The Rally Against Debt was an incredible event. It was wonderful to see hundreds of people turn out to give a voice to that silent majority who know that cuts in spending are right and necessary.
It seems there are two reasons to run a rally, and why – contrary to Tim's suggestion - it would be worth doing again if the right opportunity presents itself. First raising awareness by attracting attention focussed on your message, not trouble on the sidelines. Second bringing supporters together to build camaraderie and an effective movement.
We definitely got attention. If you judge it just by the BBC website, this interview was on their front page and this report was the most viewed in the news section. There was plenty more coverage across a range of print and broadcast media. The Guardian even ran a poll about it.
Other than bringing down the debt clock from the Midlands – kindly sponsored by Keltruck as it says on the side, this rally had pretty much no resources behind it except time from a few overworked TPA staffers and superb volunteers. From conception on 26 March to execution on 14 May it had a couple of months and interruptions like the AV campaign. Lots of people worked very hard, but I would wager that, even if you priced staff time properly, it cost a similar amount to an average think tank report, and generated far more media interest.
And there wasn't any trouble. Old Hoborn's little stunt burning the EU flag left an annoying mess, which we made sure we cleared up, but other than that I don't really see the harm. It's the EU, it's not like there is some proud people out there we've offended!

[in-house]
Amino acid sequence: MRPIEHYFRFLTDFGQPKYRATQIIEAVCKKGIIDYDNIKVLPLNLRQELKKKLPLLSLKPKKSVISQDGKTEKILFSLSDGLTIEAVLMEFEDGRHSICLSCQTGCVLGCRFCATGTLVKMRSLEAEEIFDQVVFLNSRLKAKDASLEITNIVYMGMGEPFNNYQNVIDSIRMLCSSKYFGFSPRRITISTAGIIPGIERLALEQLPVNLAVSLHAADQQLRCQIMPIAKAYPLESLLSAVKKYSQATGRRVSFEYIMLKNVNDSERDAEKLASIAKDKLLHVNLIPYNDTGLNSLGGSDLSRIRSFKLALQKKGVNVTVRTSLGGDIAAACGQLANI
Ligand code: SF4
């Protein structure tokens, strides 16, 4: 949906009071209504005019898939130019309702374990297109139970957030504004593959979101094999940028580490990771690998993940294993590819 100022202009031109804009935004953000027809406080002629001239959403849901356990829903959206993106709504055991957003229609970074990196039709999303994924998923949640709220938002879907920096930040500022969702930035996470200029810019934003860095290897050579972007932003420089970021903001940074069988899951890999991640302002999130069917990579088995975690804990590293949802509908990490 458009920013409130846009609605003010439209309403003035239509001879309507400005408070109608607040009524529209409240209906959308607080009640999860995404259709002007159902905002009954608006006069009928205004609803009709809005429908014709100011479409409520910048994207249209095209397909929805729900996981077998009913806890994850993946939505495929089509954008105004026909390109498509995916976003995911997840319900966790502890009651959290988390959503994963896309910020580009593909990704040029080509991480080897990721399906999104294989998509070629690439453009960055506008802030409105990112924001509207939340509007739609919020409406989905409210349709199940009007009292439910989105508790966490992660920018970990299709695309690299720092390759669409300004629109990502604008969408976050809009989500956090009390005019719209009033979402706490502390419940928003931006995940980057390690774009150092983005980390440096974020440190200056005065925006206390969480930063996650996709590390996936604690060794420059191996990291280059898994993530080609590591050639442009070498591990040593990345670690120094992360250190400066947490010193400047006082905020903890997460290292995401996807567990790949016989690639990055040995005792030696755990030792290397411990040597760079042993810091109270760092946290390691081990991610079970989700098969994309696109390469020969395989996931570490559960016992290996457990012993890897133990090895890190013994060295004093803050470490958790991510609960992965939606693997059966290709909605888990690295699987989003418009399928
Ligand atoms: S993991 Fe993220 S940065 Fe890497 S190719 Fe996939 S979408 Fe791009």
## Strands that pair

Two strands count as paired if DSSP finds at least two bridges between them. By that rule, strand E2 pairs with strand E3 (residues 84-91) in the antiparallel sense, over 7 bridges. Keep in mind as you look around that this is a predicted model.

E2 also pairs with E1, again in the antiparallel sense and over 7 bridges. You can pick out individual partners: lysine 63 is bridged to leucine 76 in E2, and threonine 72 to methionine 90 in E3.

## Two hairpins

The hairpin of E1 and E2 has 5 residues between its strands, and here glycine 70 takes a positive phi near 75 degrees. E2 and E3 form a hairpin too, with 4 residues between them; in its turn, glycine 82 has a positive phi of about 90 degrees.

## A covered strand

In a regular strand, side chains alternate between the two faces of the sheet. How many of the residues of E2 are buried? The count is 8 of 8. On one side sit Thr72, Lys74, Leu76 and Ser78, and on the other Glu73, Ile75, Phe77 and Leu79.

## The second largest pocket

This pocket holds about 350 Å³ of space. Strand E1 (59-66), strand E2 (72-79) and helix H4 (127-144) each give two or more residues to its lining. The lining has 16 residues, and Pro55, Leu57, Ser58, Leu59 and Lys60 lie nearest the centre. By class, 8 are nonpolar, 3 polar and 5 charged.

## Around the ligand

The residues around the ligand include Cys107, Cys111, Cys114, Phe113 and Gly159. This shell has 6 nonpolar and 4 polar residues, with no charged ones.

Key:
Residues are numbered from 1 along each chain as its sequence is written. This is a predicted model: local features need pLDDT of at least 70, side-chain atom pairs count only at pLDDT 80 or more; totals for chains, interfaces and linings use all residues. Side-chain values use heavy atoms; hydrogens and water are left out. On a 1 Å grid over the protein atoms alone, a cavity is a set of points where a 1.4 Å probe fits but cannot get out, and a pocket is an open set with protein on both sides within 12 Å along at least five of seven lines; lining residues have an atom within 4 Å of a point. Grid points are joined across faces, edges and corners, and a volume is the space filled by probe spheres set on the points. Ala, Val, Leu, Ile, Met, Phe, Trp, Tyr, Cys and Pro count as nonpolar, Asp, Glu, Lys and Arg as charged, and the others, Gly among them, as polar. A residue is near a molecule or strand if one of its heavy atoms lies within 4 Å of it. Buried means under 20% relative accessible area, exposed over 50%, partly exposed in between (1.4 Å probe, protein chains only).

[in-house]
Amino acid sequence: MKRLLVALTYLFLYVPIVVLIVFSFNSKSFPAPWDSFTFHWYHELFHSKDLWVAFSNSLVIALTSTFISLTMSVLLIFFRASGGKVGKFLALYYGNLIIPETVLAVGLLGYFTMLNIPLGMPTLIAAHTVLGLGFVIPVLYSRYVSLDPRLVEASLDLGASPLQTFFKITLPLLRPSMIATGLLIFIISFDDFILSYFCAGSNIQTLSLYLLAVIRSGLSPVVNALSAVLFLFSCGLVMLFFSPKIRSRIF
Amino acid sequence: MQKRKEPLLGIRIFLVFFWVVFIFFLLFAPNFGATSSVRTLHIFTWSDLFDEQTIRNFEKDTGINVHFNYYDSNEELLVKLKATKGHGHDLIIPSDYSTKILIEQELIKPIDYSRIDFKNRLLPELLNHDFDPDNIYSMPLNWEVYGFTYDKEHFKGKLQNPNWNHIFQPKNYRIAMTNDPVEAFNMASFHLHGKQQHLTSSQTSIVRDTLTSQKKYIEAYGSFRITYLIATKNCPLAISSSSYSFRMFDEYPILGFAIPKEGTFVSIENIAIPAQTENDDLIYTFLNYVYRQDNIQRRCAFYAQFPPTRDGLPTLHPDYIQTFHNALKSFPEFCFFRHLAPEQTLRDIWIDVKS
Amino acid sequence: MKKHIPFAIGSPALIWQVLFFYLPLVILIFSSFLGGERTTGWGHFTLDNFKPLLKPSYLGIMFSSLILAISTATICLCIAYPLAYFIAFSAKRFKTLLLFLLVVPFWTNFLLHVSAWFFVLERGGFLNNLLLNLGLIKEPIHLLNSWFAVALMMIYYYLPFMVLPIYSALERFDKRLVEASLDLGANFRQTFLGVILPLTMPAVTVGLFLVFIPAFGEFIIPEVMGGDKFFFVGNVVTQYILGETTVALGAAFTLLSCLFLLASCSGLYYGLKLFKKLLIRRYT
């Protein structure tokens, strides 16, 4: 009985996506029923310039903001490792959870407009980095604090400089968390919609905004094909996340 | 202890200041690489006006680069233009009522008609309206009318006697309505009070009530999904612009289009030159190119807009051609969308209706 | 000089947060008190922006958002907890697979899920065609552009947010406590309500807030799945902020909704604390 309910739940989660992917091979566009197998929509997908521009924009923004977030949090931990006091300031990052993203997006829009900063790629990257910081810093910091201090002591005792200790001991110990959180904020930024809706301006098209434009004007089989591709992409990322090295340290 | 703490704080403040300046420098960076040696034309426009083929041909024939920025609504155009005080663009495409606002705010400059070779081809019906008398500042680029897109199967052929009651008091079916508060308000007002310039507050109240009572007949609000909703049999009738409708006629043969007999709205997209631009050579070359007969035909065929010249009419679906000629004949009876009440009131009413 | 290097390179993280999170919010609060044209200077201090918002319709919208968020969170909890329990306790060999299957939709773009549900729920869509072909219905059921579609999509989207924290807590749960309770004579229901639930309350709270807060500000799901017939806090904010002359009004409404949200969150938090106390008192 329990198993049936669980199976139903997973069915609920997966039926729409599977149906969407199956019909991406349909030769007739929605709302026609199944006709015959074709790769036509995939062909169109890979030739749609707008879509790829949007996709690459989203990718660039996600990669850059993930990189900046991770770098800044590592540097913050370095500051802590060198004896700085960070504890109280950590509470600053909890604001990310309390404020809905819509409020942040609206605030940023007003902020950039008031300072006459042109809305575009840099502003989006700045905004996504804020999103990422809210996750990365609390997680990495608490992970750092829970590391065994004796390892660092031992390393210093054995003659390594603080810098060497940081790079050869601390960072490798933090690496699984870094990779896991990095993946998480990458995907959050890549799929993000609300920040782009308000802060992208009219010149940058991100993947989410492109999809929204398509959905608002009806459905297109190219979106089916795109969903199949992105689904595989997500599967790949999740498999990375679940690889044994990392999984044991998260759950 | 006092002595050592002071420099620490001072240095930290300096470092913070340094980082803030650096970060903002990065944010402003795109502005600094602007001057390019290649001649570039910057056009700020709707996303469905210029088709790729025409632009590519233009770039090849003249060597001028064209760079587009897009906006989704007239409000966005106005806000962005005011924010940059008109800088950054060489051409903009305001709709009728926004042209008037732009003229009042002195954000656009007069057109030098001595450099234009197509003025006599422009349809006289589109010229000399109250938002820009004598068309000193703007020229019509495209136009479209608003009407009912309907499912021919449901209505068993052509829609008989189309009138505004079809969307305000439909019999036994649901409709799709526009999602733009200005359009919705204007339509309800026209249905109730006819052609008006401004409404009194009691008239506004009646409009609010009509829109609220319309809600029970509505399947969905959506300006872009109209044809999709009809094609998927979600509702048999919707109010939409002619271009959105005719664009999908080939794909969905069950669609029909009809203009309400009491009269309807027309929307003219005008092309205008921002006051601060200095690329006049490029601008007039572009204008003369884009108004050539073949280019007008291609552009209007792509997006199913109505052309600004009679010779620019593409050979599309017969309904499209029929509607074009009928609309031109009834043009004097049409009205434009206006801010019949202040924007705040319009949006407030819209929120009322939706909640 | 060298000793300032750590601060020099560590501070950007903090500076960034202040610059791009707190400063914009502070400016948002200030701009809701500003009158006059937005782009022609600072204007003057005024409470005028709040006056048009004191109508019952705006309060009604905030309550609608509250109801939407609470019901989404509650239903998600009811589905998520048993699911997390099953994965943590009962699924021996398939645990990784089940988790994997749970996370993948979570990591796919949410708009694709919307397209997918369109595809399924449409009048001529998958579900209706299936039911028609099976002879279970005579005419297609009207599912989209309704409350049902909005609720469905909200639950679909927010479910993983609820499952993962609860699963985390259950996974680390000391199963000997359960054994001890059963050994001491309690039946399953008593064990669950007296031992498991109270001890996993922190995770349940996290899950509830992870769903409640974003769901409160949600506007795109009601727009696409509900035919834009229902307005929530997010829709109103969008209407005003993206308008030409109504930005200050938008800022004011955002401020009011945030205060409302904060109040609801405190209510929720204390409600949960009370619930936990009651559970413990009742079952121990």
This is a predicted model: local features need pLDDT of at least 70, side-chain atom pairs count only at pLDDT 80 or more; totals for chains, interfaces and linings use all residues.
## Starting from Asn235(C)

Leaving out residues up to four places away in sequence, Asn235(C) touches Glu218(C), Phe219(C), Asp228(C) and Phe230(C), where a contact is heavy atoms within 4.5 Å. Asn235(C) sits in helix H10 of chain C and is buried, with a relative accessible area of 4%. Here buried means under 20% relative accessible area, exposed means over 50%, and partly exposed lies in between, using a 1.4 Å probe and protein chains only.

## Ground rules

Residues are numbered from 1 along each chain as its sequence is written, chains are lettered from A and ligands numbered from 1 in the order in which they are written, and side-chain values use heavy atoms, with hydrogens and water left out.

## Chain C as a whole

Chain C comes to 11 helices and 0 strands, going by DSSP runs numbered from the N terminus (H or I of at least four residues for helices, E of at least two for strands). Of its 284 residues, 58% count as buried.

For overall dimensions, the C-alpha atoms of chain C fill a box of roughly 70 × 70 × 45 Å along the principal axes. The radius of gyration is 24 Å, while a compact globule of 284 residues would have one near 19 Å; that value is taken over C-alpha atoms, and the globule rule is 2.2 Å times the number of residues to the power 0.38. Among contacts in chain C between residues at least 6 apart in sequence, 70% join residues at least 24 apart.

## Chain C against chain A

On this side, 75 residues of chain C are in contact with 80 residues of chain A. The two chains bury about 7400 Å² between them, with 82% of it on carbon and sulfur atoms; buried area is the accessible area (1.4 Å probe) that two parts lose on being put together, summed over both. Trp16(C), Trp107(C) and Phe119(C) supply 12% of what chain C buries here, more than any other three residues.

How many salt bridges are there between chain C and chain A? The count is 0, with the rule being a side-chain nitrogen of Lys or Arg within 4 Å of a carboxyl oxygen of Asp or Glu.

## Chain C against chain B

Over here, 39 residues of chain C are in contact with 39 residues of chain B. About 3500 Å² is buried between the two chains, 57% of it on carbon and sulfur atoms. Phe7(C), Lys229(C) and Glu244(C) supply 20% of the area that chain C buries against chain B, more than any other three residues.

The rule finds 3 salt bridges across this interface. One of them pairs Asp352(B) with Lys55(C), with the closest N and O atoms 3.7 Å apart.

Some on the left, like Will Straw, have been complaining about how much coverage the rally got for the low numbers attending. What they miss is that journalists cover things not on the basis of the numbers turning out but how interesting they are. Otherwise no one would turn up to press conferences. Our rally had some great placards and the wonderful visual of the debt clock, a range of brilliant speakers, a message that we know from the opinion polls resonates with lots of people and the very fact that demonstrations against caving in to special interests are such a rarity.
We worked to get as many people as we could, and if we do it again we will try to get more, but hundreds were more than enough for the event to be worth our time. 350, or more, is far more than most political events of its kind get and a really impressive achievement from the staff and volunteers working to promote it.
While journalists did draw comparisons with turnout at the TUC march, they gave us a fair chance to make our point to a big audience. There was no violence and only the New Statesman is stupid or malicious enough to have fallen for the dreary counter protest trying to mislead people about the message from the rally.
It wasn't just the media coverage though, the rally was a great way of bringing hundreds of free marketeers, many of them normally working in silos or not politically active, together. There was a wonderful spirit. Over time it is the kind of thing that builds a political movement.
The Rally Against Debt was great. Whether or not we take up marching, let's hope that the right doesn't abandon the public square. It is a part of the political arsenal we should try to get better at, not avoid.